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Empathy for Characters in Sophocle's Antigone

Uploaded by Admin on Aug 09, 2000

Sophocle's tragic play Antigone, written in 441 BC, is a theatrical piece of drama in which an audience is compelled to empathize with its character's. When empathizing with characters in Antigone the audience can, in imaginative and cognitive ways, participate in the understanding of a character's feelings, ideas as well as their situations. Antigone, Creon and Ismene all struggle with decisions that concern the laws of their city and the cosmic law of religion and moral judgement. Characters such as Haemon and Eurydice ultimately show the consequences of the decision formed by the two protagonists. Amongst the audience, empathy is created for both; characters faced with agonizing decisions and characters inflicted with tormenting consequences. The levels of empathy felt for each character changes as the story develops and as different qualities are revealed about each character. The amount of empathy felt for a character effects not only the reading of that character but also the meaning of the play.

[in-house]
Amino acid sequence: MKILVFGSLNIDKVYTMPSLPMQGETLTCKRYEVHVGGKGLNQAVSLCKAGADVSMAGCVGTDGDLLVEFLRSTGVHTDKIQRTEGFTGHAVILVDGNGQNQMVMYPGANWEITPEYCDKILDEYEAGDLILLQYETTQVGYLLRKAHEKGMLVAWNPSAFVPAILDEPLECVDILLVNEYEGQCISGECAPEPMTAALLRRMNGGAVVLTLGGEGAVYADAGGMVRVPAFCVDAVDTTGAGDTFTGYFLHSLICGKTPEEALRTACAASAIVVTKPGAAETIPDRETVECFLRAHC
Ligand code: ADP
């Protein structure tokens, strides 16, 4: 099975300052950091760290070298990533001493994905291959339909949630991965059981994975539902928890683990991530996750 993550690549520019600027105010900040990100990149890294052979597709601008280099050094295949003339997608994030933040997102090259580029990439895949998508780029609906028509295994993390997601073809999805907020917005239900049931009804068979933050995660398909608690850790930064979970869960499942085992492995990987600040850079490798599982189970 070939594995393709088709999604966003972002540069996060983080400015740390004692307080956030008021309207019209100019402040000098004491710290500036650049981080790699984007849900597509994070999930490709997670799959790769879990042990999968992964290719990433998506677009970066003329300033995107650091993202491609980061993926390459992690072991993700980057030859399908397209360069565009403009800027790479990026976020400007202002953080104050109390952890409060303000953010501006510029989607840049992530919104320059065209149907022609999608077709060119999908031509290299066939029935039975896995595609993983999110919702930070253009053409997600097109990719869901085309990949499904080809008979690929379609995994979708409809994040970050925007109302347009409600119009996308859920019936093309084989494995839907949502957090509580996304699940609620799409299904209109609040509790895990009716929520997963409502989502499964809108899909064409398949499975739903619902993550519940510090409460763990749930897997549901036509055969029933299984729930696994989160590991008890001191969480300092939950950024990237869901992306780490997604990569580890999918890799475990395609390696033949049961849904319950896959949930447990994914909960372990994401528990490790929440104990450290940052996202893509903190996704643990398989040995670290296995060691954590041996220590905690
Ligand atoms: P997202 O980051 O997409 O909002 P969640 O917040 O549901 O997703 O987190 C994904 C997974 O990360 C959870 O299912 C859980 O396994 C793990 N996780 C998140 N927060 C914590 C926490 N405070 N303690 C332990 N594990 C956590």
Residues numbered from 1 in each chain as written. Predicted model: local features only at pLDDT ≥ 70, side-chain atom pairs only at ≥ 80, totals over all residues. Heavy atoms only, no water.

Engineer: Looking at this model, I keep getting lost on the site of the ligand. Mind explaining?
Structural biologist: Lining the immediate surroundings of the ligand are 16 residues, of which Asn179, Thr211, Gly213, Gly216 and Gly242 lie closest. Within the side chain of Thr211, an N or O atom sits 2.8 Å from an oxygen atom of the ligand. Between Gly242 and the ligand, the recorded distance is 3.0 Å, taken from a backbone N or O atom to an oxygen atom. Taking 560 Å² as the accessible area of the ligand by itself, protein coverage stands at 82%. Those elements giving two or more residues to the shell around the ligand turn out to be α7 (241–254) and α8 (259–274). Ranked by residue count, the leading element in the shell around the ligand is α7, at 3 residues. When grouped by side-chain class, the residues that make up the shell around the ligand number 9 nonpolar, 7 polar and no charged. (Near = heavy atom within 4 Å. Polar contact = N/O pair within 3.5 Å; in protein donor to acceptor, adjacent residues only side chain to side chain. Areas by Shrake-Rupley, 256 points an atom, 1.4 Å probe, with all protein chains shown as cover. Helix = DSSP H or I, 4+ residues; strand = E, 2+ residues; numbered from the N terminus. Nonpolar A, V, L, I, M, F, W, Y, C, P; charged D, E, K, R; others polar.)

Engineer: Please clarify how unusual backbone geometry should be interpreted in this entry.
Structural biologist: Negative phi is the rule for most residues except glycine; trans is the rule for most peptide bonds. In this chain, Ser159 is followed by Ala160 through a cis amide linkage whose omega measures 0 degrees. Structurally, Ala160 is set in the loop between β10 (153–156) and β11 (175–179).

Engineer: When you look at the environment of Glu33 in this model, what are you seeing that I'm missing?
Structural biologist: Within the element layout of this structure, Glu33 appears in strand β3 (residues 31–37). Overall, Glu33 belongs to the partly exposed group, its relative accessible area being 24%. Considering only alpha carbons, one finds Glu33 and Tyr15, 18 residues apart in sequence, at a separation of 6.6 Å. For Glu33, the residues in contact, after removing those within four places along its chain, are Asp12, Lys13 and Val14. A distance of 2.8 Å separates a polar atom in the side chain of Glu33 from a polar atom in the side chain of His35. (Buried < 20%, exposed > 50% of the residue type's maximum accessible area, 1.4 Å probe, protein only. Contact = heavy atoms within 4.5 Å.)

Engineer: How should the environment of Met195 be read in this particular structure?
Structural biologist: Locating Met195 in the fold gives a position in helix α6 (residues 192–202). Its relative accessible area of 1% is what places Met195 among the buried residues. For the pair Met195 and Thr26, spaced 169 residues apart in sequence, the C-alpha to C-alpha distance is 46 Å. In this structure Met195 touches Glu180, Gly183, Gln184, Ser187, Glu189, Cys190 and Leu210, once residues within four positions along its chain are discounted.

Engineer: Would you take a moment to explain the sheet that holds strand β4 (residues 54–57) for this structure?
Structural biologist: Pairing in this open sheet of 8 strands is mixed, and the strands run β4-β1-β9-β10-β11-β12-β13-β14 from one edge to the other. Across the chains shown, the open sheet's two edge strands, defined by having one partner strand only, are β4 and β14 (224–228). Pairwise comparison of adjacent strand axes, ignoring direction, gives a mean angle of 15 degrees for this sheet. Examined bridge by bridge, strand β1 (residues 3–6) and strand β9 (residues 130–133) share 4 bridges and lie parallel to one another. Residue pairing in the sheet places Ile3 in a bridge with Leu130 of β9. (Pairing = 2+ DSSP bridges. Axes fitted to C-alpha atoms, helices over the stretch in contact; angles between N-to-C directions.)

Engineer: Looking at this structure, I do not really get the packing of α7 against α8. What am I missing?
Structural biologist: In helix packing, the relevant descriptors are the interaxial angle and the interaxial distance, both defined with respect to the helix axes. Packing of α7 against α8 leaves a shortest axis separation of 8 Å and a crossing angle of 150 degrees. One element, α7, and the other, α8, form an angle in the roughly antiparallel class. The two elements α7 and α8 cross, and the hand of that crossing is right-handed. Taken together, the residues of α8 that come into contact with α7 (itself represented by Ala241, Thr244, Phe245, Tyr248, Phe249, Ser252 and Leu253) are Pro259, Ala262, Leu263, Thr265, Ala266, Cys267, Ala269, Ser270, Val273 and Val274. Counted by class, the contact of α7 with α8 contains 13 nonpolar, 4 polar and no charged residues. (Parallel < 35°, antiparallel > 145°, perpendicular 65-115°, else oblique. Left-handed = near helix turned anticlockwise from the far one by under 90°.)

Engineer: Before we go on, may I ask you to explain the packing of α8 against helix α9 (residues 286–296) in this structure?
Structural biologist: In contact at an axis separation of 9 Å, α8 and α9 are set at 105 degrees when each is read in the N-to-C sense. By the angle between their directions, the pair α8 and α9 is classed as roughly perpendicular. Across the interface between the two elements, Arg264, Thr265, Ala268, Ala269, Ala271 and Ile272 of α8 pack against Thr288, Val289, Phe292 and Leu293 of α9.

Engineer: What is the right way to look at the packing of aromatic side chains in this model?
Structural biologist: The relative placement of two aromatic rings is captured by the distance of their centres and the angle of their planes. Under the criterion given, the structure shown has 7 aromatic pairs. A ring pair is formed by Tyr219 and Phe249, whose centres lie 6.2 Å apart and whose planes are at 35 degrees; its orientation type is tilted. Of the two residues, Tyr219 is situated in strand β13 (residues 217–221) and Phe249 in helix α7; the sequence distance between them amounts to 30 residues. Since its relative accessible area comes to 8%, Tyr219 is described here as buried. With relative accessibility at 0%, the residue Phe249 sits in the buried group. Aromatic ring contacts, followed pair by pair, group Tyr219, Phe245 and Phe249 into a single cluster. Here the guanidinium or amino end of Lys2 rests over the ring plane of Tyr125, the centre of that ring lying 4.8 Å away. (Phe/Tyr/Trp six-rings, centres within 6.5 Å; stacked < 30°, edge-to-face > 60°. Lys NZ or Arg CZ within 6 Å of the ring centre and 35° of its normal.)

The first scene of the play involves Antigone asking her sister to go against the laws of the state to help her give the proper burial rites to their brother Polynices. In the first scene there is an immediate sense of empathy felt towards Antigone as she express her feelings of misfortune to Ismene.
'My own flesh and blood - dear sister, dear Ismene,
how many griefs our father Oedipus handed down!
Do you know one, I ask you, one grief
that Zeus will not perfect for the two of us… (p59)
By introducing Antigone to the audience as the daughter of the Oedipus the empathy felt toward the tragic hero Oedipus is somewhat inherited by Antigone. The audience reflects on the hardships that the incestuous family of Oedipus have already endured and realizes that the wretched fate of Oedipus is still bringing grief in to Antigone's life. This immediately gives the audience an insight into Antiogne's personal feelings and gives the audience the opportunity to feel empathy for the pain that plagues her life simply because she was born as the daughter of an ill-fated man. Because the audience has been put into a position where they feel empathy for Antigone her character is read with a sympathetic understanding, allowing any of her actions to be considered rational in her situation.

Despite the immediate empathy felt toward Antigone because of the connection between herself and Oedipus, the audience is obliged to feel empathy for Antigone because her...

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Uploaded by:   Admin

Date:   08/09/2000

Category:   Antigone

Length:   10 pages (2,204 words)

Views:   2419

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